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We are about to start working on new commercial web project and considering Google App Engine as a potential platform.


  1. Does Google App Engine is really scalable and may be considered as a production platform for commercial project?
  2. Is it more expensive (or cheaper) than good hosting company service in long run?
  3. Is it possible (and pretty cheap) to move the app from Google App Engine to independent server/farm (e.g. to use it as a private system, to exploit our own hardware etc.)?
  4. Is there some mechanism to deal with DDoS attacks?
  5. Can I make a full backup of the app data?

Sorry for such silly questions.

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closed as off-topic by EdChum, Flow, Kuba Ober, Jeremy Smyth, rds Sep 15 '13 at 18:43

This question appears to be off-topic. The users who voted to close gave this specific reason:

  • "Questions on professional server- or networking-related infrastructure administration are off-topic for Stack Overflow unless they directly involve programming or programming tools. You may be able to get help on Server Fault." – Flow, Kuba Ober, rds
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+1 Good question, especialy part about DDoS. Without defence against it attacks can eat your free limit or even your money :( – Alex Bolotov Sep 2 '09 at 11:06

6 Answers 6

I'll answer question 1:

I'm in the pilot phase of a new web application on app engine. We've spent about a month writing code and getting things ready for our first customer. They went live last week. They love the software but a couple of days ago I started to get random deadline exceeded errors in the application. You look up a record or a list and it would come back in miliseconds. The next go it would take 30 seconds and come back with a deadline exceeded error.

The stack traces in the dashboard give random results. I've tried everything, even stripping the app down to a hello world. I put a log message into our django process request middleware, the first bit of our code that gets executed. It was showing that on the timeout requests it took 25 seconds from google getting the request to running our process_request code. I posted to the google forum and got nothing. I contacted someone at google and they answered back quickly but only said they would contact the team. Nothing since.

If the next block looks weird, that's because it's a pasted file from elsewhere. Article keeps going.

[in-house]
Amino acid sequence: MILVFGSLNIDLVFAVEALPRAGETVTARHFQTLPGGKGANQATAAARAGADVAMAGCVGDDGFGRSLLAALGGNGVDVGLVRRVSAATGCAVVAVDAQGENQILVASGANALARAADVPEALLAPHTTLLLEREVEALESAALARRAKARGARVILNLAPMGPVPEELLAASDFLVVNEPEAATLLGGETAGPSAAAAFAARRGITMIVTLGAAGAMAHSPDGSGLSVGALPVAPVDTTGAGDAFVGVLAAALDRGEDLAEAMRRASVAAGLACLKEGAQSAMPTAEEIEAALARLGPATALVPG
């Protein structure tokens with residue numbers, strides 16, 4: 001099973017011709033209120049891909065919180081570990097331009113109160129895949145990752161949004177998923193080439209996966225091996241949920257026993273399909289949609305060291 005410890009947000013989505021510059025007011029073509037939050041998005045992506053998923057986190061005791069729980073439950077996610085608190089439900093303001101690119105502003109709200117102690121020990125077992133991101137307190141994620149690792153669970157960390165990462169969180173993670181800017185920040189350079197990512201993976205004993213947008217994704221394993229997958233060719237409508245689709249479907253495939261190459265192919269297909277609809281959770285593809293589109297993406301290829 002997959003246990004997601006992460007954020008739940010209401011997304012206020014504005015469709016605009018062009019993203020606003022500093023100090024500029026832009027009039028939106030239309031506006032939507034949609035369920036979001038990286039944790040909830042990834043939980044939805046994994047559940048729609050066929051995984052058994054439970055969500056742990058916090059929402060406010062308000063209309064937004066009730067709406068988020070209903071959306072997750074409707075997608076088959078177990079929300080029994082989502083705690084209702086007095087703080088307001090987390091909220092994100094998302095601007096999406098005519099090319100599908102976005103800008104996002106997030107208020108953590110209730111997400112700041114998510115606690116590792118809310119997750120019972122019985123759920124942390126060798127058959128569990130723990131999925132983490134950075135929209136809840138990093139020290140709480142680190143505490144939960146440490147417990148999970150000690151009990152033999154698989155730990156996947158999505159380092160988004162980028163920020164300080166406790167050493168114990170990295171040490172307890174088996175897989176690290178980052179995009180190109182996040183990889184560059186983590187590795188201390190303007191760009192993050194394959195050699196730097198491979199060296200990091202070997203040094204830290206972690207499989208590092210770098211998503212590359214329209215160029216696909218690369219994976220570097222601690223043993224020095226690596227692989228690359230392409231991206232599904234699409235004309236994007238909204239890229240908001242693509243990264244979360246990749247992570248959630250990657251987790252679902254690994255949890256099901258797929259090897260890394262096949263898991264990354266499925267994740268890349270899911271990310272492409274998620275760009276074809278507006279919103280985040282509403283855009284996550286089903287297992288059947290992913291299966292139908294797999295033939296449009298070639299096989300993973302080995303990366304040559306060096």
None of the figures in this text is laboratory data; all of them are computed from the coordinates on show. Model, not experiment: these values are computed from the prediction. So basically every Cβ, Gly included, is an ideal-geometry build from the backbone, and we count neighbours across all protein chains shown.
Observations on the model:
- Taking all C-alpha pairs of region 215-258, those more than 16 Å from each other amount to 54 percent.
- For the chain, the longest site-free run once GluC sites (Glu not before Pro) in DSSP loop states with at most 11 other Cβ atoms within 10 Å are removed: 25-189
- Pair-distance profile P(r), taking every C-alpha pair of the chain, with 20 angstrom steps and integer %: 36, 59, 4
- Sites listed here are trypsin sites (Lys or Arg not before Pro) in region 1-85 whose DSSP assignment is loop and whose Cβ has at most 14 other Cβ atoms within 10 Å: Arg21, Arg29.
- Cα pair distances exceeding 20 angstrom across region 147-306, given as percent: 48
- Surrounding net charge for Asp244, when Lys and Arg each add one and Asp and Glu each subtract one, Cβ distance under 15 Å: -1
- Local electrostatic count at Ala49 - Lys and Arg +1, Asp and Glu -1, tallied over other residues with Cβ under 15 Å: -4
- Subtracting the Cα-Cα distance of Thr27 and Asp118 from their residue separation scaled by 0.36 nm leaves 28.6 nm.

It is possible there's something I'm doing to cause this but I really doubt it. Google doesn't provide support so I'm basically out of luck.

If this was a full blown commercial application I'd be out of business.

tl;dr: google app engine has great promise but needs to mature and is not yet suitable for comercial production

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Could you give a link to the forum thread? – Sergey Sep 25 '09 at 11:29
The underlying issue is here: My original thread is here, but there are dozens of them on the same theme:… For me the problem has actually cleared up this week (Sept 21 2009) and google has performed a major upgrade on the 22nd. Others are still experiencing the problem. – user106096 Sep 25 '09 at 13:38
  1. Watch google IO (Whre among other they say that: "yep it's scallable".
  2. That depends ... It can even be free for you (you pay for load that you've got).
  3. You can move to Amazon for example using appdrop. It's also a good idea to use app-engine-patch.